I wouldn’t be the first person to detect a cognitive dissonance here. Art is a faith-based system that, to paraphrase philosopher Simon Critchley, combines ‘an uneasy godlessness with a religious memory’. Religious conviction is taken to be a sign of intellectual weakness, and yet meaning in art is itself often a question of belief. Sol LeWitt wasn’t joking when he wrote, in his ‘Sentences on Conceptual Art’ (1967): ‘Conceptual artists are mystics rather than rationalists.’ Art involves a conceptual investment in objects and images just as any religion invests significance in its icons and the ritual use of objects. If you tell me your abstract painting is ‘about’ space, or that your lumpy fluorescent pink sculpture ‘refers’ to Søren Kierkegaard, then – to a degree – I have to entertain that belief too. Even if I then argue that it might not express what you think it expresses, I can’t prove that you do not invest those works with the belief of your intentions. Whilst the sectarian artistic differences that used to split friendships back in the days of high Modernism might have diffused, we still rely on artists, curators and critics to act as interpreters of contingent meaning, aesthetic creeds or art world ‘ethics’, just as rabbis, imams and priests do. People go to galleries on Sundays rather than churches. Appeals to the immaterial are buried deep within the everyday language of art too: words such as ‘spiritual’, ‘transcendent’, ‘meditative’, and ‘sublime’ frequently occur in exhibition reviews, press releases and gallery guides. Even if this fuzzy language is lazily unspecific, it’s not exactly speaking to the rationalist or atheist within us.
Nowhere was this cognitive dissonance clearer than earlier this year, when the Museum of Modern Art in New York staged ‘The Artist is Present’, a large-scale retrospective of work by Marina Abramovi´c. The exhibition was a major success, drawing thousands of visitors, many of whom queued for hours to participate in her latest durational performance (also called The Artist is Present) in which, every day for three months, Abramovi´c sat on a chair in MoMA’s huge atrium. Visitors could come and sit opposite her, one at a time, to gaze into her face. Much was made in the press of people weeping during the experience. I can’t help thinking of flagellantism and various extreme penitent Catholic orders when I see some of Abramovi´c’s durational work; its register is solemn, its demonstrative gravitas a form of control – the laity coming to bask in front of the artist, a ‘conduit’ to some higher metaphysical plane. The artist’s work can, of course, be discussed in safely art-historical terms of the body and performance. But the emotional hysteria whipped up around ‘The Artist is Present’ seemed little different to that experienced at pilgrimage sites such as Lourdes: salvation being sought in ritual, place and objects. Not that I would have thought it any better if Abramovi´c had openly declared it to be religious, but the exhibition made me wonder why it’s OK for artists to be ‘spiritual’ in some vague, New Agey sort of way, but not ‘religious’ – as if being ‘spiritual’ is somehow free of ideological baggage, or more to the point, not as capable of exerting control over people as organized religions are.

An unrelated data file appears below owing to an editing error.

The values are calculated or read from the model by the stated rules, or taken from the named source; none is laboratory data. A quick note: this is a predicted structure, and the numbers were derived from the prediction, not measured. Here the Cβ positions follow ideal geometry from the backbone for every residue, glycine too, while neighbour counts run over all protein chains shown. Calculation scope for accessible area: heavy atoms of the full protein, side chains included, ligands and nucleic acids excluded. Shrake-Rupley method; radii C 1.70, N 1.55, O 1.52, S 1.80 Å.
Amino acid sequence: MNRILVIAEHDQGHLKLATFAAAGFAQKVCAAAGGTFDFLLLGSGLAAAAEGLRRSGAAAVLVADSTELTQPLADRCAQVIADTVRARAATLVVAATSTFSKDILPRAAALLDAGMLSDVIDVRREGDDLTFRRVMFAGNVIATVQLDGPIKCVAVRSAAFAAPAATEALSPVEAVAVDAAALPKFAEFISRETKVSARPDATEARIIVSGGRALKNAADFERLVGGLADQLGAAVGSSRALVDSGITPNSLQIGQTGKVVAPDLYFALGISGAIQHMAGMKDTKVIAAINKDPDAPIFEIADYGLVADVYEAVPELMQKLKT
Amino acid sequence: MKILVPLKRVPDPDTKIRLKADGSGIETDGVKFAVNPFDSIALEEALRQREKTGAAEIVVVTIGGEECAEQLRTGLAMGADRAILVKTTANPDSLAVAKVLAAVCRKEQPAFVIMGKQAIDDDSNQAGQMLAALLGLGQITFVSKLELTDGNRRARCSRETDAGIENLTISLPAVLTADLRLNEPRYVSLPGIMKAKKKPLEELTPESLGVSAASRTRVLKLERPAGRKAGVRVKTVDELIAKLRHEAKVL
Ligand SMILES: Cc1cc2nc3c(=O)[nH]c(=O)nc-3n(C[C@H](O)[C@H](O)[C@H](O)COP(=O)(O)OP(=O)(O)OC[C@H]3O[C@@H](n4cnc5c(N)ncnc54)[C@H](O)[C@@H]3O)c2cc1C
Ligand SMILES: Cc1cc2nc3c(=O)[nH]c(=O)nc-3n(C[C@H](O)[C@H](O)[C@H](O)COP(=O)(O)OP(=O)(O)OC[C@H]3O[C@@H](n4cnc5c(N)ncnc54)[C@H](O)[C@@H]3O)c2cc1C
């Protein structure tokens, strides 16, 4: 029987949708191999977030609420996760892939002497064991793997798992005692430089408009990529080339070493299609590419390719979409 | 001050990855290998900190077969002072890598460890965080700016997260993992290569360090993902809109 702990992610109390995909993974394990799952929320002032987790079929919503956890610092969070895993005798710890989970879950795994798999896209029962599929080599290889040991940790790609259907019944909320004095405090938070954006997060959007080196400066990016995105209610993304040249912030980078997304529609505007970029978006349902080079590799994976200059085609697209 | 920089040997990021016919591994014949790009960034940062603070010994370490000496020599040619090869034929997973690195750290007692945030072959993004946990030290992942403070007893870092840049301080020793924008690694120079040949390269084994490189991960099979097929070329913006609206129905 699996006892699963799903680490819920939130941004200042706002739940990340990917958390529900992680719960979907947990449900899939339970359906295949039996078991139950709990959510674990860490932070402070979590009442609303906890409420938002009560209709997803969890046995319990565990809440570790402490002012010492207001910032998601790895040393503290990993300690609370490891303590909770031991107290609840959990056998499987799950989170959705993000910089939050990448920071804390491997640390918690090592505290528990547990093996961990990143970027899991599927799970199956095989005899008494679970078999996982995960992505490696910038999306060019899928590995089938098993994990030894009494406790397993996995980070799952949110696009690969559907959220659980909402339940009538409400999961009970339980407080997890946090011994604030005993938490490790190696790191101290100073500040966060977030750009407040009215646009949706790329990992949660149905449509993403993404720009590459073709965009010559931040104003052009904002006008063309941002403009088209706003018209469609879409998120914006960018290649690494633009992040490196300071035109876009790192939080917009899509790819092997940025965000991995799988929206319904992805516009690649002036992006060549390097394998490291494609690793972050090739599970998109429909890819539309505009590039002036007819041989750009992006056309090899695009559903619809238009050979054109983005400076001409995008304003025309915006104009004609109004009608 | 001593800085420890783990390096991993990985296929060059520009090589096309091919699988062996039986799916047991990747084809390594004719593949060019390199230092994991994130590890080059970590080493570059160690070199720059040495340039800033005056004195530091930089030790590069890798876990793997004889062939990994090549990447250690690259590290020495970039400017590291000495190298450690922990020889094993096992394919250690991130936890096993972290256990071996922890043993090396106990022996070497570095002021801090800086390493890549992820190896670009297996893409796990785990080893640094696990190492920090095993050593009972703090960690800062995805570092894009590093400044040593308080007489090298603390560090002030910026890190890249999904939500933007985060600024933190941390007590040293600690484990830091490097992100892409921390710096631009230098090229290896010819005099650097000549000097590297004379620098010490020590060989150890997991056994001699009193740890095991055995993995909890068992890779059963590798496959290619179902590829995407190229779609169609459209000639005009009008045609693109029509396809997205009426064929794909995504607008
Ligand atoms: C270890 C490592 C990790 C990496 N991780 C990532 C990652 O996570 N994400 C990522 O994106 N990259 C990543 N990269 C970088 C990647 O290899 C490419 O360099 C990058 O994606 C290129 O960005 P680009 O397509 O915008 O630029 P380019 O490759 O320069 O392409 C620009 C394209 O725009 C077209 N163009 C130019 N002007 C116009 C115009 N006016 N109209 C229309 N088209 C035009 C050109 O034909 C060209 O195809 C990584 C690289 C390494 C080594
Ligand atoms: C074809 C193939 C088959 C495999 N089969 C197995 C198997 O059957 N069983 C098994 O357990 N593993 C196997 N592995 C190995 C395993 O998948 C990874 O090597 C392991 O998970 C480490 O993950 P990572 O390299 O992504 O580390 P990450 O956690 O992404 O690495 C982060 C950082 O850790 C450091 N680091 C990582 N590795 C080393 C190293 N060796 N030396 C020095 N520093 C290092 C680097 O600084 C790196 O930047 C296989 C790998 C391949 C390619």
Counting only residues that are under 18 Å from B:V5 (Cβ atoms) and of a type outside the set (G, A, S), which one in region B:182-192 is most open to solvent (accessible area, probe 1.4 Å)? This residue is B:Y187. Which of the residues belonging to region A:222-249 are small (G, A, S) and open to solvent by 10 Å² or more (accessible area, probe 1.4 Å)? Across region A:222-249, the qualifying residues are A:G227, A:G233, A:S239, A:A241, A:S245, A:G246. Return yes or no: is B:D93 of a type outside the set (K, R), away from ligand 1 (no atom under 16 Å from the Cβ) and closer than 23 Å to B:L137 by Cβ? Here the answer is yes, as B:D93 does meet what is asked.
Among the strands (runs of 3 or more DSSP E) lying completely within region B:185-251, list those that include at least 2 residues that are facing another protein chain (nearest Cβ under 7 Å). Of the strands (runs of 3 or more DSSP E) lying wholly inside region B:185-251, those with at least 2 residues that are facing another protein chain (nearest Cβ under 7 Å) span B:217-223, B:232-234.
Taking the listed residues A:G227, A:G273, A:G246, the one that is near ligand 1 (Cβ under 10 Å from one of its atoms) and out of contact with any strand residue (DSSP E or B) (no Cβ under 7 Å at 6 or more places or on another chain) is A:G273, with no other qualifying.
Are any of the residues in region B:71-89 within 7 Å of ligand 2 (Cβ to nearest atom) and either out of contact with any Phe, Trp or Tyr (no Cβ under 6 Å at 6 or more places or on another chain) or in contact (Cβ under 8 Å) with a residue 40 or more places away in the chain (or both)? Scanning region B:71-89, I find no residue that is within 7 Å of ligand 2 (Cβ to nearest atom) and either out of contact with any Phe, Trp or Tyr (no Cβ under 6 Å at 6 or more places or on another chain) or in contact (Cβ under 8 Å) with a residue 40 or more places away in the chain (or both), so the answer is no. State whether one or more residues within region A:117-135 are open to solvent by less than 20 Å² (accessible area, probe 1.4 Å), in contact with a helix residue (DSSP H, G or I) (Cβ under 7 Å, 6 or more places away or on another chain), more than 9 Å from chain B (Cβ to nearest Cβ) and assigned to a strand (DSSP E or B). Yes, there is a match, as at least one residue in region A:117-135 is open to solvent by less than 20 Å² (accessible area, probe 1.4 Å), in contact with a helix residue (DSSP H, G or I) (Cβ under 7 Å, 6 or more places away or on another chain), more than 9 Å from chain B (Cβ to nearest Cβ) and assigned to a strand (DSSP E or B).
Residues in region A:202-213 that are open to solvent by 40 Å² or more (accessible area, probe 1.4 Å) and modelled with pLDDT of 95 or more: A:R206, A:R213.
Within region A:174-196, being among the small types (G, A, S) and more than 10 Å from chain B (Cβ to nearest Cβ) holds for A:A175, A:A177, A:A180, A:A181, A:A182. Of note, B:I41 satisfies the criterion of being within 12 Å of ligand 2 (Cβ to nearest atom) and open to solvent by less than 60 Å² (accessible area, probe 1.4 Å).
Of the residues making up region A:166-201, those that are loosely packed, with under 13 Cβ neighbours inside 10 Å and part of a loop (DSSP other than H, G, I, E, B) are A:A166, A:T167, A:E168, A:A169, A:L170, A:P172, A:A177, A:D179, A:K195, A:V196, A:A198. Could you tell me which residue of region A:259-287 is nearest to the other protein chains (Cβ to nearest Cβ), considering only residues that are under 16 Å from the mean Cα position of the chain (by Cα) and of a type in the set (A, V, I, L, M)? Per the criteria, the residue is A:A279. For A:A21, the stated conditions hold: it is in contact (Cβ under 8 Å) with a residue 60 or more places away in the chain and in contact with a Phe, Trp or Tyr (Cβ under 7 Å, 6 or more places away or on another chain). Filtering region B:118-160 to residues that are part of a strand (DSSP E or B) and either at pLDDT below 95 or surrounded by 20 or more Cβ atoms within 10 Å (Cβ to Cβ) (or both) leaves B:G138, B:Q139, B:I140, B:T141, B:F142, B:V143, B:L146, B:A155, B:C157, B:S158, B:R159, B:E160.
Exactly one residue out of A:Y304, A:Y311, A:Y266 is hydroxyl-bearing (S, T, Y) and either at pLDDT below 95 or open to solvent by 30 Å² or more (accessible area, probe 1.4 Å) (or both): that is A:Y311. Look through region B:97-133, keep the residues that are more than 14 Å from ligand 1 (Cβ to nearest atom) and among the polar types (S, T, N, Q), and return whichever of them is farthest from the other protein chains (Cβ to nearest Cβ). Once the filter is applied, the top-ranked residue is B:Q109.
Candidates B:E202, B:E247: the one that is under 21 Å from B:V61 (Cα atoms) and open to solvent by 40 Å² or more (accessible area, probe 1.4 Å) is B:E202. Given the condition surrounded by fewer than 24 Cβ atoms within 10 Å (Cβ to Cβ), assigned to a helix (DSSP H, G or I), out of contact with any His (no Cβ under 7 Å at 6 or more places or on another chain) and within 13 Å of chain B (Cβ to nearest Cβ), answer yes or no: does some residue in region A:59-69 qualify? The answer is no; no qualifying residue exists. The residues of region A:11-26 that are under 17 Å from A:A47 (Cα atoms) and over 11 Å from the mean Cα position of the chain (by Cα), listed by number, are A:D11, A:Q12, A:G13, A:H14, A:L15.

Why does the search for some kind of spiritual fulfilment in secular art persist? Is the idea that art has nothing to do with faith or religion just a lie we tell ourselves to hide the fact we crave something to believe in? Is it because the subjectivity of art provides the perfect ideological supplement to capitalism? Does God prefer Modernist abstraction or Italian Renaissance painting? Is there an afterlife with a gift shop that sells Mark Rothko postcards?
Dan Fox is US editor at large of frieze and is based in New York, USA. His most recent books, Pretentiousness: Why It Matters (2016) and Limbo (2018), are both published by Fitzcarraldo Editions.
First published in Issue 135